News Column

Stock exchange in pounds sterling 1bn rights issue

August 23, 2014

By Jamie Nimmo, Daily Mail, London



Aug. 23--The London Stock Exchange is planning to tap shareholders for close to pounds sterling 1bn to help fund the acquisition of the Frank Russell index business.

The fully underwritten pounds sterling 938m rights issue has been priced at pounds sterling 12.95 a share, allowing investors to buy three shares for every 11 they currently own.

The remaining pounds sterling 685m needed to complete the pounds sterling 1.6bn acquisition, which will give the LSE ownership of the Russell 2000 small-cap US stock index, will be funded through debt.

The issue price is a 35pc discount to Thursday's closing share price of pounds sterling 20.05. Investors are being offered a relatively small discount on new stock compared with recent acquisitions funded by rights issues. These include Cineworld'spounds sterling 110m fundraising, which was 41pc cheaper than the market price.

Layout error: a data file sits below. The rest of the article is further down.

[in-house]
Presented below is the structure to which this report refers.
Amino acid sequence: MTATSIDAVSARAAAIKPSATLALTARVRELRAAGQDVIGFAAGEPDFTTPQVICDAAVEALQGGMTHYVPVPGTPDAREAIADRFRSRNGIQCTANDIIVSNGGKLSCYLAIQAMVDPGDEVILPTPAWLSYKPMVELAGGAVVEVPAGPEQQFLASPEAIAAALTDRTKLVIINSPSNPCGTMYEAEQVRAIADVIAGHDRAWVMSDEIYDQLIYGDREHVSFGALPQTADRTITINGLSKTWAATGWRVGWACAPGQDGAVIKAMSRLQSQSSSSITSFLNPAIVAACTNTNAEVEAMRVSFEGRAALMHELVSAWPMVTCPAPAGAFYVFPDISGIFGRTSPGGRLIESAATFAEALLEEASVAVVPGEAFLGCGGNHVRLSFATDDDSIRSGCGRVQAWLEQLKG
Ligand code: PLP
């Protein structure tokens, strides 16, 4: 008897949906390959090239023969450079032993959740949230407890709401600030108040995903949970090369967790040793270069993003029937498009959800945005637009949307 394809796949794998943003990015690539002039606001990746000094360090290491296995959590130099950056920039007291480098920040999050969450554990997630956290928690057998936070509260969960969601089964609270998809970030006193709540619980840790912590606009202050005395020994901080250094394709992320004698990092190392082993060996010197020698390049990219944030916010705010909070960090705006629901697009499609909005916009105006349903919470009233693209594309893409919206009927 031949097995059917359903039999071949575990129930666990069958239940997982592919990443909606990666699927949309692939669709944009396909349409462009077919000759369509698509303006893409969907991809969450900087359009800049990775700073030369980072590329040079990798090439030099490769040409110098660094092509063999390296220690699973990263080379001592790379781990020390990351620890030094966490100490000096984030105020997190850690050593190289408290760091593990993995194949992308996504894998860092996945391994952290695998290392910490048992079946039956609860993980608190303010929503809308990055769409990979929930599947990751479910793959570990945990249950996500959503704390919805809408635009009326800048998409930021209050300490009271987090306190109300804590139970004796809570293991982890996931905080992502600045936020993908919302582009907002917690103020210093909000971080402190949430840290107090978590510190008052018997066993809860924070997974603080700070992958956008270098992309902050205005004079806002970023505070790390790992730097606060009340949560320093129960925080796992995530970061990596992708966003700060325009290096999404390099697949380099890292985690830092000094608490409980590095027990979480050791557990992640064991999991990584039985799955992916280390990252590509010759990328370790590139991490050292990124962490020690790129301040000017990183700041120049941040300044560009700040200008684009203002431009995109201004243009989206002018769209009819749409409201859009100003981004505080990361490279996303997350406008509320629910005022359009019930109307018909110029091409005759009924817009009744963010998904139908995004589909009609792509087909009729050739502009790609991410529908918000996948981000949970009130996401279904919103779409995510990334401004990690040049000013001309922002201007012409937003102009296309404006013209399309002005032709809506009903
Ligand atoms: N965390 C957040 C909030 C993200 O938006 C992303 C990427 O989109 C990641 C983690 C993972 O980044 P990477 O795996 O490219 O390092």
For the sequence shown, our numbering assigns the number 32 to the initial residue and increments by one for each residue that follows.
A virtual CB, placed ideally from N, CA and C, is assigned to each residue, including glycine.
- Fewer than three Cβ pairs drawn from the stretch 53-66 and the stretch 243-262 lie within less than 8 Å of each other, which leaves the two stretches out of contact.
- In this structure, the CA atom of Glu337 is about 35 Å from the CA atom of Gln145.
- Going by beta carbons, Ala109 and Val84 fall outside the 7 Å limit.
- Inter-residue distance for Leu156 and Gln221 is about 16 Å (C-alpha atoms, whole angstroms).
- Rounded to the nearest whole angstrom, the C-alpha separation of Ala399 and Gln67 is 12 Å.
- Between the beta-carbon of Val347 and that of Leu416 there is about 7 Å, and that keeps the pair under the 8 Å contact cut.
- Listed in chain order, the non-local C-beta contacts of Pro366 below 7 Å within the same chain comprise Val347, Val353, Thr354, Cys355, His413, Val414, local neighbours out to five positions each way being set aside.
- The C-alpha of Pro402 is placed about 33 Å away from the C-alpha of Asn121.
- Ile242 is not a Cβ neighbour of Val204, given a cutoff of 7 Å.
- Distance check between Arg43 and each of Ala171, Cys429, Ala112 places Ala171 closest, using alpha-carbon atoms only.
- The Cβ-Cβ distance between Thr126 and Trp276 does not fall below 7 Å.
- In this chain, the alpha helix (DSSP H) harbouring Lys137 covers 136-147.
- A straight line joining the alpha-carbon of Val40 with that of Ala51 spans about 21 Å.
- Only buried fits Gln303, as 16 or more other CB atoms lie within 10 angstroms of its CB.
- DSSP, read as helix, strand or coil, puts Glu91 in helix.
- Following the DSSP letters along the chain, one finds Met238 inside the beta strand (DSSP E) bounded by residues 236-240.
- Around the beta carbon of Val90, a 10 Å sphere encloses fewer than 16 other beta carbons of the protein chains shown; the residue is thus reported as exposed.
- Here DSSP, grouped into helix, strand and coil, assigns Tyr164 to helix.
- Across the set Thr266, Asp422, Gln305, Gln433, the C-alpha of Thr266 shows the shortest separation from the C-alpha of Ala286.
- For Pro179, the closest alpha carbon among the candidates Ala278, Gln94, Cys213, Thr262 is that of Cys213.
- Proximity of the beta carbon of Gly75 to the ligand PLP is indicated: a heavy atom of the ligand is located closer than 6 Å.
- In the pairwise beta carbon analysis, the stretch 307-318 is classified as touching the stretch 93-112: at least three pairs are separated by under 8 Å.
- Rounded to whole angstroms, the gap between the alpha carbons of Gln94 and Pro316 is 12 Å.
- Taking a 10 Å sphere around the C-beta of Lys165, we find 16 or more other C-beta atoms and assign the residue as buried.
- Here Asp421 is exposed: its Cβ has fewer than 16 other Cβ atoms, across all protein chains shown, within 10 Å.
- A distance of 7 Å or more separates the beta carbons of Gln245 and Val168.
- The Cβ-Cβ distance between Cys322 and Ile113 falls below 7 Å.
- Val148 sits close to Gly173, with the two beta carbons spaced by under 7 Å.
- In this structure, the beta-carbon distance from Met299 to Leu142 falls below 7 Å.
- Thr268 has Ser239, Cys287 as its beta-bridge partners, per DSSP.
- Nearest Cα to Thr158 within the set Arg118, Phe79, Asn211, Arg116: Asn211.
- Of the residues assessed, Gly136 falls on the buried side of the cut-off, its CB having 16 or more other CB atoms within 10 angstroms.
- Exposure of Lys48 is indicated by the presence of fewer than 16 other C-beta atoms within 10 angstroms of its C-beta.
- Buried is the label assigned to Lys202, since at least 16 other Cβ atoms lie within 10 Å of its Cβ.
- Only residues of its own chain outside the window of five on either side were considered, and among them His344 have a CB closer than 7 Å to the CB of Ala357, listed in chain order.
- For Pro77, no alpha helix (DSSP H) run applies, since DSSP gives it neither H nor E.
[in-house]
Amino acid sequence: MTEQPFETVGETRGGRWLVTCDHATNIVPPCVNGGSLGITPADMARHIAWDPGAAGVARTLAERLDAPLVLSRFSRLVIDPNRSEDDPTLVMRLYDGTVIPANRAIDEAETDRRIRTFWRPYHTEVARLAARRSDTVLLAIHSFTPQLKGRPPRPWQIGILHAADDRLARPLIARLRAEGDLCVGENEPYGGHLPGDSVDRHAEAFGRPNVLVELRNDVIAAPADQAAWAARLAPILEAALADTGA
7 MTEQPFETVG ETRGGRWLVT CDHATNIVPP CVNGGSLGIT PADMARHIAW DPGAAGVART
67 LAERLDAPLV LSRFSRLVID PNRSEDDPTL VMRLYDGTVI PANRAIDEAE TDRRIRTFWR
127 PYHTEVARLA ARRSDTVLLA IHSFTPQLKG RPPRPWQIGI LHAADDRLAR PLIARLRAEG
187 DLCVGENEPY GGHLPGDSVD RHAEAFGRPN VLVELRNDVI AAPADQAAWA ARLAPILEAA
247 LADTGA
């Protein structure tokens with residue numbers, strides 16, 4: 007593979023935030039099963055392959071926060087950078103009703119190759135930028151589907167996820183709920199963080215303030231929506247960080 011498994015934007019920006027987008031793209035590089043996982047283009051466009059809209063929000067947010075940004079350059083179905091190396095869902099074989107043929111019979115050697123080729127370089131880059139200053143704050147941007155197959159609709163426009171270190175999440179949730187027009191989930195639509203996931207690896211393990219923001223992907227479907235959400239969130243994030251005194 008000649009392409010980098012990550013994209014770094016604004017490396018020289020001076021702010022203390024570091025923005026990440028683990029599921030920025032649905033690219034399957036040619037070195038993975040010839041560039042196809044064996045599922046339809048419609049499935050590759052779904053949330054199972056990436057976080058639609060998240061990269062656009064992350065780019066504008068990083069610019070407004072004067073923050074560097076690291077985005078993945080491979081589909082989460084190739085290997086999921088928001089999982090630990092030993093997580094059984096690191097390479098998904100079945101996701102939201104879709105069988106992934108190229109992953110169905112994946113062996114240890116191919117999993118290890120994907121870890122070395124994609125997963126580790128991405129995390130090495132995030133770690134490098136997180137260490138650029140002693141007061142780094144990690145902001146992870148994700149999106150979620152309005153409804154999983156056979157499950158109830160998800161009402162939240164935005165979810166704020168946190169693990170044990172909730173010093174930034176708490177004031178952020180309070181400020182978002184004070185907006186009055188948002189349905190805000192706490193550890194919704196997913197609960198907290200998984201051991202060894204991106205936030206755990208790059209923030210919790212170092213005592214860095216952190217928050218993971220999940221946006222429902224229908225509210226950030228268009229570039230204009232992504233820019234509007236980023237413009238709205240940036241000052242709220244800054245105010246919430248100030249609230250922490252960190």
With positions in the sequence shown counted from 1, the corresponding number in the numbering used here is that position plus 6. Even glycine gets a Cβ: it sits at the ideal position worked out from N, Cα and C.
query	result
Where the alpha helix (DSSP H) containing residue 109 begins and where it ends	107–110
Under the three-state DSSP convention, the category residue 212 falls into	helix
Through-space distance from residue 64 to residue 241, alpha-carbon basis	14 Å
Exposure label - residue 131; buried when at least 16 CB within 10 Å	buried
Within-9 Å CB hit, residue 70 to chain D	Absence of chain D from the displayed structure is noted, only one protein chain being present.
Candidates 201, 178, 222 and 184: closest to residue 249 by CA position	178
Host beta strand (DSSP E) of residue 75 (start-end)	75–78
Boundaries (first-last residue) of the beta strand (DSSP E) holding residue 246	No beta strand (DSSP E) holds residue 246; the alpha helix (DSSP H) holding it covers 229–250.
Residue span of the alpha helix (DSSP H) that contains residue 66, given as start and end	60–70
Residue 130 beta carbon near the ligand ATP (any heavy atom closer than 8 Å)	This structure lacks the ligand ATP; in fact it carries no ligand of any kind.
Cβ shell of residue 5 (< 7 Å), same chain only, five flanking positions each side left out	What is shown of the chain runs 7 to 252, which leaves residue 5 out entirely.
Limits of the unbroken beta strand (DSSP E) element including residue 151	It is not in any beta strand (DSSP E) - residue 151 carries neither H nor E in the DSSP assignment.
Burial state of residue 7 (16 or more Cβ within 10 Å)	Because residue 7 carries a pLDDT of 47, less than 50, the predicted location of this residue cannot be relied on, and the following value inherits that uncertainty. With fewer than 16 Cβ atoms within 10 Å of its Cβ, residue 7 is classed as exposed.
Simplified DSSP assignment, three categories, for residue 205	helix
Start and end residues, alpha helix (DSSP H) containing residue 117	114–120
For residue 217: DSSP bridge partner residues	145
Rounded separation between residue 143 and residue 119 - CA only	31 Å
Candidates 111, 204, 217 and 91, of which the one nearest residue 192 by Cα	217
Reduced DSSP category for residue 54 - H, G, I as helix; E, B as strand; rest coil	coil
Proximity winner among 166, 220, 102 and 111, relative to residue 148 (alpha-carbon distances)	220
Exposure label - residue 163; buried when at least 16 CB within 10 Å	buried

The LSE's rights issue will be underwritten by a string of banks, including Barclays, HSBC and Deutsche Bank, which will share the pounds sterling 25m paid by the LSE in fees.

Its shares have risen around 13pc since the Russell talks first emerged in May. Details of the financing were unveiled alongside the group's quarterly financial figures, which showed a 22pc rise in operating profits to pounds sterling 102m in the three months to the end of June.

Chief executive Xavier Rolet put the strong performance down to 'a resurgence in the IPO market'.

The 78 new listings during the quarter raised almost pounds sterling 20bn, more than three times the pounds sterling 6.1bn raised a year ago, lifting primary markets profits by 30pc to pounds sterling 25.3m. Shares in LSE rose 24p to 2029p.

___

(c)2014 Daily Mail (London, )

Visit the Daily Mail (London, ) at www.dailymail.co.uk/home/index.html

Distributed by MCT Information Services


For more stories on investments and markets, please see HispanicBusiness' Finance Channel



Source: Daily Mail (London, England)


Story Tools






HispanicBusiness.com Facebook Linkedin Twitter RSS Feed Email Alerts & Newsletters